Strengthening Social Skills

Strengthening Social Skills
Strengthening Social Skills

Editors Note: The California Partners Project conducted a statewide listening tour with California mothers, parents, and caregivers to understand how they navigated the integration of technology and devices into most aspects of their children’s lives. These evolving toolkits and best practices are meant to meet parents where they are. Strengthening social skills is the seventh toolkit.

Parents have noticed that their children’s social skills are lagging. Social emotional skills and social norms have been upended due to the pandemic. They express concern about how to boost their children’s social-emotional skills as in-person social interactions increase. 

Open-ended questions facilitate authentic conversation. Consider whether your children know how to introduce themselves to others and how this simple act can build community and connection. Social skills can help kids achieve what they need in terms of friendships, family relationships and school partnerships. 

Tips to strengthen social skills

Tip 1: Practice conversation with those you see outside the home and encourage kids to think of open-ended questions to ask friends.

Dr. Dana Tuttle, co-founder of Screen Sense, suggests that parents and youth “rebuild conversation and connection muscles by making small talk with everyone you engage with during the week.” Dr. Tuttle suggests asking “How is your day going so far? What have you been up to today?” instead of the typical “how are you?” (Child Mind Institute

Tip 2: Schedule small playdates, or encourage teens to gather, with non-tech activities.

Reintroduce your kids to what it’s like to be in in person relationships and interactions. Pediatrician Dr. Jackie Douge reminds parents that “just like riding a bike, children will adapt. Be ready to help them adapt by helping organize opportunities for social connection. The social skills will come back but they have not experienced friendship in the usual ways over the past year.” 

Tip 3: Pair physical activity with face-to-face interaction.

Dr. Tuttle advises a good way to diffuse nervousness and get the flow of conversation started is to take a walk or engage in another in-person activity. An outing like this can double as a chance to make time for some physical activity.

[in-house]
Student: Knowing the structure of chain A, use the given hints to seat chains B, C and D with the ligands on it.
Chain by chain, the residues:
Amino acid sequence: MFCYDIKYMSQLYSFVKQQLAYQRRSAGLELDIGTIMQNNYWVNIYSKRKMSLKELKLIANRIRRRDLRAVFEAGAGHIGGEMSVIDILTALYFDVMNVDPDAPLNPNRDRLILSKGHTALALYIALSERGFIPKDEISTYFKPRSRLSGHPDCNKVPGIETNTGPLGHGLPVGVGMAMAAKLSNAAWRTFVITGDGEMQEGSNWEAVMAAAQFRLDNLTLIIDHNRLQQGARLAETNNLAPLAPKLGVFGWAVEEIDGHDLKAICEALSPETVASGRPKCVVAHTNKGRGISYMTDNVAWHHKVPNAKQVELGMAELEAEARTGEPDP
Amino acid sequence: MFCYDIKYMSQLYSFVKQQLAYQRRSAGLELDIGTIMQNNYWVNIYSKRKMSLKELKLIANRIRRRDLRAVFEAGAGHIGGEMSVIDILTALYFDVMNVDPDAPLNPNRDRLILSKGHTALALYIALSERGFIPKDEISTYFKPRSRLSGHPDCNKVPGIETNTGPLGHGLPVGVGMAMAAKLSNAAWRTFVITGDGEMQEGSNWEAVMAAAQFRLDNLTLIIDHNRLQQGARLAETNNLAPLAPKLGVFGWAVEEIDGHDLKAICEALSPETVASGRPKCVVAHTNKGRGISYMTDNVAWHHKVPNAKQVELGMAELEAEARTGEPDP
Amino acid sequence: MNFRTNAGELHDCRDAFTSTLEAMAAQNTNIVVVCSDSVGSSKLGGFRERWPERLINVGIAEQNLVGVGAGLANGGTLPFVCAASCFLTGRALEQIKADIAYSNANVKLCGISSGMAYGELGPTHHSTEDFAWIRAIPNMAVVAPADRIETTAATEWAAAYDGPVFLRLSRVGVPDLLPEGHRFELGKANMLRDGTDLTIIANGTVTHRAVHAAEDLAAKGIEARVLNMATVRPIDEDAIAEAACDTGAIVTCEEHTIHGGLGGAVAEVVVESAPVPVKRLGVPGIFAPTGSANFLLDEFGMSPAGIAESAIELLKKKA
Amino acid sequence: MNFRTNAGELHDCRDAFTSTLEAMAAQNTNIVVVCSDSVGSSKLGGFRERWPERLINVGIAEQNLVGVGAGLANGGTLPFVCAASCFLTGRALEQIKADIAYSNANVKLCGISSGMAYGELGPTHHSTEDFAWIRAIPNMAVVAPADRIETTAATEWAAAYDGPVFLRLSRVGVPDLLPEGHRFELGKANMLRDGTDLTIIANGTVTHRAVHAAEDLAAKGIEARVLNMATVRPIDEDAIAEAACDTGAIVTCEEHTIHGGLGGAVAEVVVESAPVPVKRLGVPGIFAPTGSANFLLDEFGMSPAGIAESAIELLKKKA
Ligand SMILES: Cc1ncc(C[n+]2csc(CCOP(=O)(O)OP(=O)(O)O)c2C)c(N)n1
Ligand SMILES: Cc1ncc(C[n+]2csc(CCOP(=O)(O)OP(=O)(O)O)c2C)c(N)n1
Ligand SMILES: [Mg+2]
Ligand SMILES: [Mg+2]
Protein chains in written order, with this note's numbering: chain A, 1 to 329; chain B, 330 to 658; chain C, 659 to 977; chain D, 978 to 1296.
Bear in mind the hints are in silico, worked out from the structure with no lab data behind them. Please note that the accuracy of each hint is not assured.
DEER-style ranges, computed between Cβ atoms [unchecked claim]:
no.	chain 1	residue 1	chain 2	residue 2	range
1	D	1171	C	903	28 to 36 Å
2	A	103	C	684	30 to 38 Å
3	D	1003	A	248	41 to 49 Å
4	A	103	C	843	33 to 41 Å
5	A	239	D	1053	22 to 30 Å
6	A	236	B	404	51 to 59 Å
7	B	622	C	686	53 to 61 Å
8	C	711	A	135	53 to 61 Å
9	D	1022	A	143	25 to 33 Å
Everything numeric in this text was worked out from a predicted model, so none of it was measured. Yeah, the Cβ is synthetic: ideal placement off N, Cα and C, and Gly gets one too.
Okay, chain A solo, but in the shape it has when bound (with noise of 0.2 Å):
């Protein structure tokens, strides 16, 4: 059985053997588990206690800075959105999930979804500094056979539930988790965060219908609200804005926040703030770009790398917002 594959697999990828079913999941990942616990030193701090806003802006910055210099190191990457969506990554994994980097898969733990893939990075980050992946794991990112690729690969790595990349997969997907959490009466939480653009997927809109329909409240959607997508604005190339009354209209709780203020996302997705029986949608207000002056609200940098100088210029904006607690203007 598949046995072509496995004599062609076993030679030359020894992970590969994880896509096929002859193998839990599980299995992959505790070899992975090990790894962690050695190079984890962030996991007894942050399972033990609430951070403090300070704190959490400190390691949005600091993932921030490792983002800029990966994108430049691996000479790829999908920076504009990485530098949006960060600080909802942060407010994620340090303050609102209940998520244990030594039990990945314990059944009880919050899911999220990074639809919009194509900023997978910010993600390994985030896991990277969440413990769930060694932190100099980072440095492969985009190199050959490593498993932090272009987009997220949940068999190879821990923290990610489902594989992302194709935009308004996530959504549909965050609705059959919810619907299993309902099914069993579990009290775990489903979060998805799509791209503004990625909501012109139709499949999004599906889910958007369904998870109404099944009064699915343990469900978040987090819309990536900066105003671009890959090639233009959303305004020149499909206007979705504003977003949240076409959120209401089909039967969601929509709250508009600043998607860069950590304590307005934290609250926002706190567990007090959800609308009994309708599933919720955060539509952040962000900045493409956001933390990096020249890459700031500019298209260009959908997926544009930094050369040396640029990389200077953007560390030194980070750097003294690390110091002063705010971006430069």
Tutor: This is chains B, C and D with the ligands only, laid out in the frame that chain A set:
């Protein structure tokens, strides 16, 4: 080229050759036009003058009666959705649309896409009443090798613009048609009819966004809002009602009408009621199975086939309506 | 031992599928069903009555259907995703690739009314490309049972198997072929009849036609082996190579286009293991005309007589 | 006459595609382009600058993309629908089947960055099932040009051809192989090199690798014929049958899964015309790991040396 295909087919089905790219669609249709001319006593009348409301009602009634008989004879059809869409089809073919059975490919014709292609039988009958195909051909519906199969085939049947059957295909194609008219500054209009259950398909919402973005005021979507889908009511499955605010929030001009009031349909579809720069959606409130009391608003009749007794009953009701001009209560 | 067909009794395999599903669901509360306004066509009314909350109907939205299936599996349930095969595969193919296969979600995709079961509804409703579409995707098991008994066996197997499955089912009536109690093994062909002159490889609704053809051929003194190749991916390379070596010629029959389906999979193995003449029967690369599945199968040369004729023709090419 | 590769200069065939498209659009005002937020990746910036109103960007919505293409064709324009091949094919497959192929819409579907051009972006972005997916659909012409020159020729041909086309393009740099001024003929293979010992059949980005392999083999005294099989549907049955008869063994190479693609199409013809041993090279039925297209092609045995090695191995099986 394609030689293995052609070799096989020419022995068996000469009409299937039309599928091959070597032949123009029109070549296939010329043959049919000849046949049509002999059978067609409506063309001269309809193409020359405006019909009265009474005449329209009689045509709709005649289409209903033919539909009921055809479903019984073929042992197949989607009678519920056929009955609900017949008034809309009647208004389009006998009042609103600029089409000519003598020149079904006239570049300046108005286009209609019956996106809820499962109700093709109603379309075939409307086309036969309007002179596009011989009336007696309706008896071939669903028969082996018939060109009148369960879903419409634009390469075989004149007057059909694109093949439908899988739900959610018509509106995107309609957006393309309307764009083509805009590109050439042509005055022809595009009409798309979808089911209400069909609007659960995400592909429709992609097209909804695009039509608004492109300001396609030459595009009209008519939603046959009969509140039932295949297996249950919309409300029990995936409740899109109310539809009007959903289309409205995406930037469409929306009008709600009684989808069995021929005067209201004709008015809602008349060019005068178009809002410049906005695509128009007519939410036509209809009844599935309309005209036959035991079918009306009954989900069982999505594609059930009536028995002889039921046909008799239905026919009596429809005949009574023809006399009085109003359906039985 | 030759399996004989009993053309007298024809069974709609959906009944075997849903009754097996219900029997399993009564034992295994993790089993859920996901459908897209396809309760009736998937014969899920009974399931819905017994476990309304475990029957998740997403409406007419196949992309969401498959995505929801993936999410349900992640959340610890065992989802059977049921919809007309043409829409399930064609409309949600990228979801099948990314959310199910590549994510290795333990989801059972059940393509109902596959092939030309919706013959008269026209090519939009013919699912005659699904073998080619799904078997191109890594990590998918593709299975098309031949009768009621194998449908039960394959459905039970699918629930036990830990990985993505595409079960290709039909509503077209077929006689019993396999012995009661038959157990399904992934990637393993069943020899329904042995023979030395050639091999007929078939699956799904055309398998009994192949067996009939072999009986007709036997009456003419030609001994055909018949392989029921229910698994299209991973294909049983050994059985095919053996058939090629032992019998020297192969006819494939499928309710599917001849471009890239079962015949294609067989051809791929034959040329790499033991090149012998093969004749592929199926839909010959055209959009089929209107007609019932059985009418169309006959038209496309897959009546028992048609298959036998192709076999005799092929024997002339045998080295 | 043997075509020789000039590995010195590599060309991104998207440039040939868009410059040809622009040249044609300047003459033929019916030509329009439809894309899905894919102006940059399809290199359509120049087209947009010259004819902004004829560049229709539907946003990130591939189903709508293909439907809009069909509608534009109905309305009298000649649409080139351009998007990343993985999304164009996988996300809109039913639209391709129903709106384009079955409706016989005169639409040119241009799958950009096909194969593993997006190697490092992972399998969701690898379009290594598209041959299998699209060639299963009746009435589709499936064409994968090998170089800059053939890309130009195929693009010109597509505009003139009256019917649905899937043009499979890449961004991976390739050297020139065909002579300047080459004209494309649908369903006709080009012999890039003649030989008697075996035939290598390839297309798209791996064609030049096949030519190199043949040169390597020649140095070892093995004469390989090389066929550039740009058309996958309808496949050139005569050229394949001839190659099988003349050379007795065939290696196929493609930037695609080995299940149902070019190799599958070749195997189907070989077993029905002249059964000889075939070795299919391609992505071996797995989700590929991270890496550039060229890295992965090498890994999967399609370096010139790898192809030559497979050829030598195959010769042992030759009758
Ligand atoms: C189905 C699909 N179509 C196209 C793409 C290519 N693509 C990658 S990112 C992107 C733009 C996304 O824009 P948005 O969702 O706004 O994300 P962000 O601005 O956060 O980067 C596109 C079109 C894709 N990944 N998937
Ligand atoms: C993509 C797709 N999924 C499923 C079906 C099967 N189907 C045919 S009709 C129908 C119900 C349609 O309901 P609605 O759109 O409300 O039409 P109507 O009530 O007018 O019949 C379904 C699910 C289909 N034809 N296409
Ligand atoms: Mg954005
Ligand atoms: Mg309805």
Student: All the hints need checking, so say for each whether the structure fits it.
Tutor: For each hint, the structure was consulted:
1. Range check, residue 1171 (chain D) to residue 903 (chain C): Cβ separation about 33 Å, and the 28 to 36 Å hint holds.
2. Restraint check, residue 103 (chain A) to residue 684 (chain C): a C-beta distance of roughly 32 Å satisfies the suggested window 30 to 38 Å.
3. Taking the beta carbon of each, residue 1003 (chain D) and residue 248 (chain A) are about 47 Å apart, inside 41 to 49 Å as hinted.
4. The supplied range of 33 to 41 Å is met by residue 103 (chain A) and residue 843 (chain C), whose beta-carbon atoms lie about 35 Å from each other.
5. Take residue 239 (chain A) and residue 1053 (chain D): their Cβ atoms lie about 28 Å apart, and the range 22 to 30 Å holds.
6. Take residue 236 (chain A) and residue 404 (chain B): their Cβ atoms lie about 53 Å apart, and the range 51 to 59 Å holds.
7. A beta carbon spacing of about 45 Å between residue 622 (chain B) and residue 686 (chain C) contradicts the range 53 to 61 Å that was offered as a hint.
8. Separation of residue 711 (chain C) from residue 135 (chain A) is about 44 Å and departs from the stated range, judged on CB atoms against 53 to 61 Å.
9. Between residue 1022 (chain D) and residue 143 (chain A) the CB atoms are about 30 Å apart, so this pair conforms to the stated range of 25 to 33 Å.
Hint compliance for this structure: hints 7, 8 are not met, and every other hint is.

Tip 4: Teach kids to know how to ask for help.

Support kids’ self-advocacy and self-awareness. Academic counselor and school adviser Ana Homayoun, founder of Green Ivy Educational Consulting, suggests teaching this helpful language to youth, “I could really use some support around this. Is that something you could help me with or refer me to someone who could?” Also support youth in case they are asked to help a friend who needs more assistance than they can provide. In such a case, suggest your child tell a friend, “I want to be supportive and refer you to an adult who can help.” 


As California mother’s, we are bringing these toolkits to you through a cross-collaborative campaign. San Francisco Bay Area Moms is proud to be working with Ventura County Mom Collective and Inland Empire Mom Collective. We too, want to “ensure our state’s media and technology industries are a force for good in child development” (part of California Partners Project Mission Statement). #TechTips4CaliMoms

Previous articleWhat Maid Shows Us About Mothers 
Next articleEliminating Indoor Mold Growth so Your Air Quality Remains Healthy
Tracy is the Director of Programming and Partnerships for Darkness to Light, a child sexual abuse prevention organization. She grew up in northeast Ohio, and has lived in Massachusetts, New Hampshire, Arizona, and Northern Virginia and has worked in the arts, in education, in non-profits and in ed tech. Her husband's job brought them to the Bay Area and there's no looking back! Tracy is mom to two trans teens who are just beginning their journey. Self-care includes pedicures, reading, cooking, crafting, and just being with her family. She also serves as Chair of the Board for the Attachment and Trauma Network, a national non-profit.


Please enter your comment!
Please enter your name here